It's with interest that I notice time and again the empty spaces on super market shelves in the chocolate section where the plain chocolate selections should be located...the milks and 70% and 85% bars. Standing next to these empty spaces in their undiminished glory are the chocolates where a flavour has intervened...chilli or salt or blueberries or crunchy espresso beans. And while these are taste sensations, to be sure, the buyers evidence speaks for itself.

It just so happens, the chocolate pots were a brilliant idea for another reason as well.

By the evening of the fifth day of menu week, my partner and I were so dog tired from working split shifts (arriving long before anyone and leaving only after the kitchens and restaurant were spotlessly clean) that while we were going through the menu with that evening's wait staff, we started laughing uncontrollably. I'm talking entirely hysterical and unstoppable belly laughter that left us crying and gasping for air, while the waiters and waitresses looked at us as if we had lost it completely!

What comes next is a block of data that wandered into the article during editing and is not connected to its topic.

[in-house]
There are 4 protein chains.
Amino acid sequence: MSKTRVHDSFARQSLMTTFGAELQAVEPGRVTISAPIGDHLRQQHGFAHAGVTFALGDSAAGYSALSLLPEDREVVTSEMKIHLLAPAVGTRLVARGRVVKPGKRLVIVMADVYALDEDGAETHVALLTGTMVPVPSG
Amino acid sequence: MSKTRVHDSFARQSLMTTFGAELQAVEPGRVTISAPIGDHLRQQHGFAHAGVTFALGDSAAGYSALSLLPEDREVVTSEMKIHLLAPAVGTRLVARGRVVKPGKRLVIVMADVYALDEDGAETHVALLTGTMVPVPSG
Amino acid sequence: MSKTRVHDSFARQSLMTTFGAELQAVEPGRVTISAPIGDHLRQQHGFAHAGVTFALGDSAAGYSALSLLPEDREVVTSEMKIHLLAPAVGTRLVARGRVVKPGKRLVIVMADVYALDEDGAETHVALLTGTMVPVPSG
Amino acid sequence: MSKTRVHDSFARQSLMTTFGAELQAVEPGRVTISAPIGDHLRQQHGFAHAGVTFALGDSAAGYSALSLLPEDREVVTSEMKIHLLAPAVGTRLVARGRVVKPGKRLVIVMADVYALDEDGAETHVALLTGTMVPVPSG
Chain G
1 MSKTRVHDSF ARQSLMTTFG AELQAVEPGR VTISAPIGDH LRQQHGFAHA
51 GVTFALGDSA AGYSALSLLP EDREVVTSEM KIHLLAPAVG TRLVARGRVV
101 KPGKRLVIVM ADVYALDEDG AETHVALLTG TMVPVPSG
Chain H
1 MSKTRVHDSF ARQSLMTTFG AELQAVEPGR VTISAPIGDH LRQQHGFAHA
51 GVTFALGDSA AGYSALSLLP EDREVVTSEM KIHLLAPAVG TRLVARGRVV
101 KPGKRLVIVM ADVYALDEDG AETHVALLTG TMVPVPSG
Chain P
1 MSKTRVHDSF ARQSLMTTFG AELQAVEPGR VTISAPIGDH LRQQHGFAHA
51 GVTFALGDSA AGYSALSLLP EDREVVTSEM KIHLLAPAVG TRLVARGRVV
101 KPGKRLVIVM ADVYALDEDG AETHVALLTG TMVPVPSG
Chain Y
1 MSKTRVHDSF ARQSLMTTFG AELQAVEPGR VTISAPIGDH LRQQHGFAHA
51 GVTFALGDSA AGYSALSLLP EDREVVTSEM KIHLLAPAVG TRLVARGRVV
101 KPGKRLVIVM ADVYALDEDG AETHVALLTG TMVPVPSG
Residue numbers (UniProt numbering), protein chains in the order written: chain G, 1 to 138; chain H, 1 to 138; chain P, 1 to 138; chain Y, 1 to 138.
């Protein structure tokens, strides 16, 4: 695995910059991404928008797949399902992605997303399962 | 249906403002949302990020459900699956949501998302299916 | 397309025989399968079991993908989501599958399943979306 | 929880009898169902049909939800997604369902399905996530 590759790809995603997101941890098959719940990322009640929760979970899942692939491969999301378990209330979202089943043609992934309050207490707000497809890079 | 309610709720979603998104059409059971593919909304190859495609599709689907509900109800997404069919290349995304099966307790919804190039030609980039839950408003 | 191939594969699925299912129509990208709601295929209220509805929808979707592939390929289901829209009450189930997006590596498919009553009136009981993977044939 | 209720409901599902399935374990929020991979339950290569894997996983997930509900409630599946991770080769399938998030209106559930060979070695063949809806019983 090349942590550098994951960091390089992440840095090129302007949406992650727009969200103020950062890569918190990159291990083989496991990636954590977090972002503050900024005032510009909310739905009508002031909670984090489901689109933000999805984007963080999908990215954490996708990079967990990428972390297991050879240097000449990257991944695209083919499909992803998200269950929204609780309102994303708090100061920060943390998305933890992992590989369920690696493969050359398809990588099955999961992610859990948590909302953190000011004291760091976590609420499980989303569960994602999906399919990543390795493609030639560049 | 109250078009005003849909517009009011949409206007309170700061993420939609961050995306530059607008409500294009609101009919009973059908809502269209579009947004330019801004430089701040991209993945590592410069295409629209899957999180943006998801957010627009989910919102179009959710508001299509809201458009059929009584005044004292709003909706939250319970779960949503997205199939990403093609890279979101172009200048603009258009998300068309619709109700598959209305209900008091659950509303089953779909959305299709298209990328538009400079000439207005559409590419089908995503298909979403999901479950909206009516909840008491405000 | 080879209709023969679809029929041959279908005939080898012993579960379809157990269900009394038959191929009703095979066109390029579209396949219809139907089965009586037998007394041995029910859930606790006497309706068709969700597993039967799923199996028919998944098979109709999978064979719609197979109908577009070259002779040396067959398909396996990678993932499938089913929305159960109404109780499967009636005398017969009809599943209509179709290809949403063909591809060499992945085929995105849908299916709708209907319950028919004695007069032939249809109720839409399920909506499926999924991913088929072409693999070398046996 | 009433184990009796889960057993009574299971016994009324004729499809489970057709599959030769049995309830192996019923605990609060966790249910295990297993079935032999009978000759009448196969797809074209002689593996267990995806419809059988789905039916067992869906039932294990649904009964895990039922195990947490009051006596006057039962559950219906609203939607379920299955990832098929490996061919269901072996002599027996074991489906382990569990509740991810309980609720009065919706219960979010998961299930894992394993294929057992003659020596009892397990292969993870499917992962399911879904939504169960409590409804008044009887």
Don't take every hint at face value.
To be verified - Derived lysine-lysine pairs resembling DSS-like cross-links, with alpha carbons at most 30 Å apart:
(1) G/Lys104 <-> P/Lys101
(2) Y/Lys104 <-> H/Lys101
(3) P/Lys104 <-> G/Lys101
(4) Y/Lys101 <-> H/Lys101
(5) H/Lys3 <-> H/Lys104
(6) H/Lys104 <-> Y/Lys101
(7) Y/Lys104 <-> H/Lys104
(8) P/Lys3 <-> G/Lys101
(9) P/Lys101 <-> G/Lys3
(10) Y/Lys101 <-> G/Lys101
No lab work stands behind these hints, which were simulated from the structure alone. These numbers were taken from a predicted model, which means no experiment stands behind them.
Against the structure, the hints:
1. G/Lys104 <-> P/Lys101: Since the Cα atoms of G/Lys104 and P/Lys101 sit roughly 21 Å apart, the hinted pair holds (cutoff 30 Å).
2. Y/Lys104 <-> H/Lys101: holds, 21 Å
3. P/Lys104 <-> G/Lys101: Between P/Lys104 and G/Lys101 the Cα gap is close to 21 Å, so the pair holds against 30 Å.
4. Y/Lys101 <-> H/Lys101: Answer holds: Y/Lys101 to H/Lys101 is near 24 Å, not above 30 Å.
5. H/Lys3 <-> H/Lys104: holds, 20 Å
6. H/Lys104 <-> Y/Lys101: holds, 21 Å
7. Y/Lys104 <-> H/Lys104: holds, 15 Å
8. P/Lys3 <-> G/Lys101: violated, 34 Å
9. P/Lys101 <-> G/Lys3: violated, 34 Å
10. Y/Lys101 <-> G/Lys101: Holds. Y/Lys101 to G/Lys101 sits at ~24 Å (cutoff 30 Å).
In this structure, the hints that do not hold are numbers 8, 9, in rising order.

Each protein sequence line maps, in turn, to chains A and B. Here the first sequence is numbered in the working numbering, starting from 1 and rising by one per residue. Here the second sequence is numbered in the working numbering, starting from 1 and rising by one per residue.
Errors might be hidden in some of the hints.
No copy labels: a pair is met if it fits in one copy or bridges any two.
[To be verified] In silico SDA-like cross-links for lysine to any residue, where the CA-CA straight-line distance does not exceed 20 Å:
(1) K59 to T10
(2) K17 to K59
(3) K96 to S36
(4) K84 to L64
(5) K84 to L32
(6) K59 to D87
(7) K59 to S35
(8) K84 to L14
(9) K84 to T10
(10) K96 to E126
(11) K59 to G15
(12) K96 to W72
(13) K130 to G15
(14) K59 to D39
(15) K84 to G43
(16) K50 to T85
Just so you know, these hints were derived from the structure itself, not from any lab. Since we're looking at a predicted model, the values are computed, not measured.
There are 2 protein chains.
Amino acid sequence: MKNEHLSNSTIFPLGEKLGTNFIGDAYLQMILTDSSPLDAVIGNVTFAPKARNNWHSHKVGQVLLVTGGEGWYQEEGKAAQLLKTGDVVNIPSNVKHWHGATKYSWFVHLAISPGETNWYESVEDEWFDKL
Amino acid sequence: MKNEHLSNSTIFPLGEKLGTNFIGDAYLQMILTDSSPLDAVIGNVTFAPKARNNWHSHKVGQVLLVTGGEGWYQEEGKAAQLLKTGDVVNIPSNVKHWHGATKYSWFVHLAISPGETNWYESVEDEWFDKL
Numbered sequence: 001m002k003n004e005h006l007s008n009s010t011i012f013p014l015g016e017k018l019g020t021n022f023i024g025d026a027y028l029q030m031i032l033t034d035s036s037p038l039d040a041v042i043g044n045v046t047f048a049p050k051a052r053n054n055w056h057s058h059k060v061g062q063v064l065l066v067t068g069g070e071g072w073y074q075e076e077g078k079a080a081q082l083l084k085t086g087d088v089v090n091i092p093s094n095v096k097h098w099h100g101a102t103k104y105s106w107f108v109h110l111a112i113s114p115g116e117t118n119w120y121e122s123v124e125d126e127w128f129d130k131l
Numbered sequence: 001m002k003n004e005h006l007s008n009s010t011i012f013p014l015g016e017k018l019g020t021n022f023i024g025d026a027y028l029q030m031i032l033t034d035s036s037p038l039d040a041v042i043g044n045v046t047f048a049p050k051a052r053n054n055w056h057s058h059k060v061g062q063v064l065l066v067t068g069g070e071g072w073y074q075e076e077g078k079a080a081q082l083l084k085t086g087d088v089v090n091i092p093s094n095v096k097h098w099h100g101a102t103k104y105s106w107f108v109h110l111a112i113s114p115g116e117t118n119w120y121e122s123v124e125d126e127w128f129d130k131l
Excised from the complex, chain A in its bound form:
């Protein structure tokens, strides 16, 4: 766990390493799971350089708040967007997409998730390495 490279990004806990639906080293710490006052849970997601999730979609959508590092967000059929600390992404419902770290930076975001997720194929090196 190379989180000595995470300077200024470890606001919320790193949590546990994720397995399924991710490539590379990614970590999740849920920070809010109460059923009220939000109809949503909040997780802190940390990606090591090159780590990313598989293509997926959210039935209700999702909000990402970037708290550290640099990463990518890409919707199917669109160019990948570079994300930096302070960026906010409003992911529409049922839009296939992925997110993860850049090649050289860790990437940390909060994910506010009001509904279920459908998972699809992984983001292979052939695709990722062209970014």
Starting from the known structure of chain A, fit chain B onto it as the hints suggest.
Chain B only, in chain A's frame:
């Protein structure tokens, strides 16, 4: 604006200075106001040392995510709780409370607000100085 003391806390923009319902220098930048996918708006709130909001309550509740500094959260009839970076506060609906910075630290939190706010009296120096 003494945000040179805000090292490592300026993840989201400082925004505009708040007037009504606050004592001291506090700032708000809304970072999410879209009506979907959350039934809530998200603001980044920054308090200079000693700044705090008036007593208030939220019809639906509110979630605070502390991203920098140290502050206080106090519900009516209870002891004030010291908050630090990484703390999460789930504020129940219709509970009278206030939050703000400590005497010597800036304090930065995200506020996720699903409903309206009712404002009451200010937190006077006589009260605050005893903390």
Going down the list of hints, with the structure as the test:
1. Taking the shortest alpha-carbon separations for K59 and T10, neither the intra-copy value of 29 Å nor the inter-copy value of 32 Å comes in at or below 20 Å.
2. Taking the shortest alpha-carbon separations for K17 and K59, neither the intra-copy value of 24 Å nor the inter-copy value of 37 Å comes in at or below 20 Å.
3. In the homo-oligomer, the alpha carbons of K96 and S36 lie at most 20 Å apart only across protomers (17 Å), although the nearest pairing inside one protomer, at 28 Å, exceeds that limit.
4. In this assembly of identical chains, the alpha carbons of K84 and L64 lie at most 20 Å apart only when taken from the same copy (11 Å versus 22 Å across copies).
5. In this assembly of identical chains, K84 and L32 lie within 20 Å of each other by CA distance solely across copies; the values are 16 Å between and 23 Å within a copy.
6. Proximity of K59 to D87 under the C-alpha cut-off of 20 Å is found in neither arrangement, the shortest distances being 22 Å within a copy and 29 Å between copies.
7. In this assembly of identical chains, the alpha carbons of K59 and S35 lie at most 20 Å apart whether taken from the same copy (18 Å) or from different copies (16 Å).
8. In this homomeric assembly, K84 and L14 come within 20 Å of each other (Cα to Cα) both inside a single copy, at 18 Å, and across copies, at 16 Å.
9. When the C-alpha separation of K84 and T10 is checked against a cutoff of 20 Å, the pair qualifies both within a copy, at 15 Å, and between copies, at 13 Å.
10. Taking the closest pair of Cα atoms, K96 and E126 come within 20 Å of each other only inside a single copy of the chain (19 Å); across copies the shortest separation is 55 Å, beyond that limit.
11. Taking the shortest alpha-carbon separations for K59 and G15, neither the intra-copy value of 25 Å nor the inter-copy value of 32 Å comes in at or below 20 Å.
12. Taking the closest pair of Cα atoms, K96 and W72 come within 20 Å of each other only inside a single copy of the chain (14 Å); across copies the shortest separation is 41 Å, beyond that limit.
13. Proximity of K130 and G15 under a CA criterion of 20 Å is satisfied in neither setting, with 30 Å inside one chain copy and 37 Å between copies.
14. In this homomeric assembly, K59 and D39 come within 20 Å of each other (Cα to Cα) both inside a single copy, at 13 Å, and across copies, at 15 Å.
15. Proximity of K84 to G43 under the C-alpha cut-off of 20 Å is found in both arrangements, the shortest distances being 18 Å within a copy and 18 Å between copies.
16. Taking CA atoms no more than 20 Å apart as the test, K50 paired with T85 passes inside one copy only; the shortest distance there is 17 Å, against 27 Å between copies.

We knew there was only one thing for it: 
we went and stood in the walk-in fridge, shutting the door behind us. We took the tasting spoons stored in the special little pockets on the sleeves of our respective chefs' jackets, and we dug in to a shared chocolate pot from that night's stash.

And we were the better for it as, I believe, the world is the better for having chocolate!

Modified Chocolate Pots

Level: Easy
Time: 15 minutes to make (plus at least 3 hours for setting)
Yields: 6 (using ramekins/espresso cups)


On the night my family visited the restaurant for dinner, my Mom ordered this item off the menu, which unleashed an annual craving.

Every year since 2001, she requests I make a batch of chocolate pots for her birthday. And while I have tried a few different combinations of quantities and flavours over the years, it is to this version I always return, as it receives the greatest number of compliments in the form of: "Hmmmm's!" :-)

P.S. If you're looking for the Naked Chef's original rum filled, egg yolk heavy recipe, it is all over the internet. Just search for Jamie Oliver's chocolate pots.

Ingredients:
  • 250 milliliters of cream (1 cup)
  • 200 grams of dark chocolate (68 to 70% cocoa solids)
  • 2 large egg yolks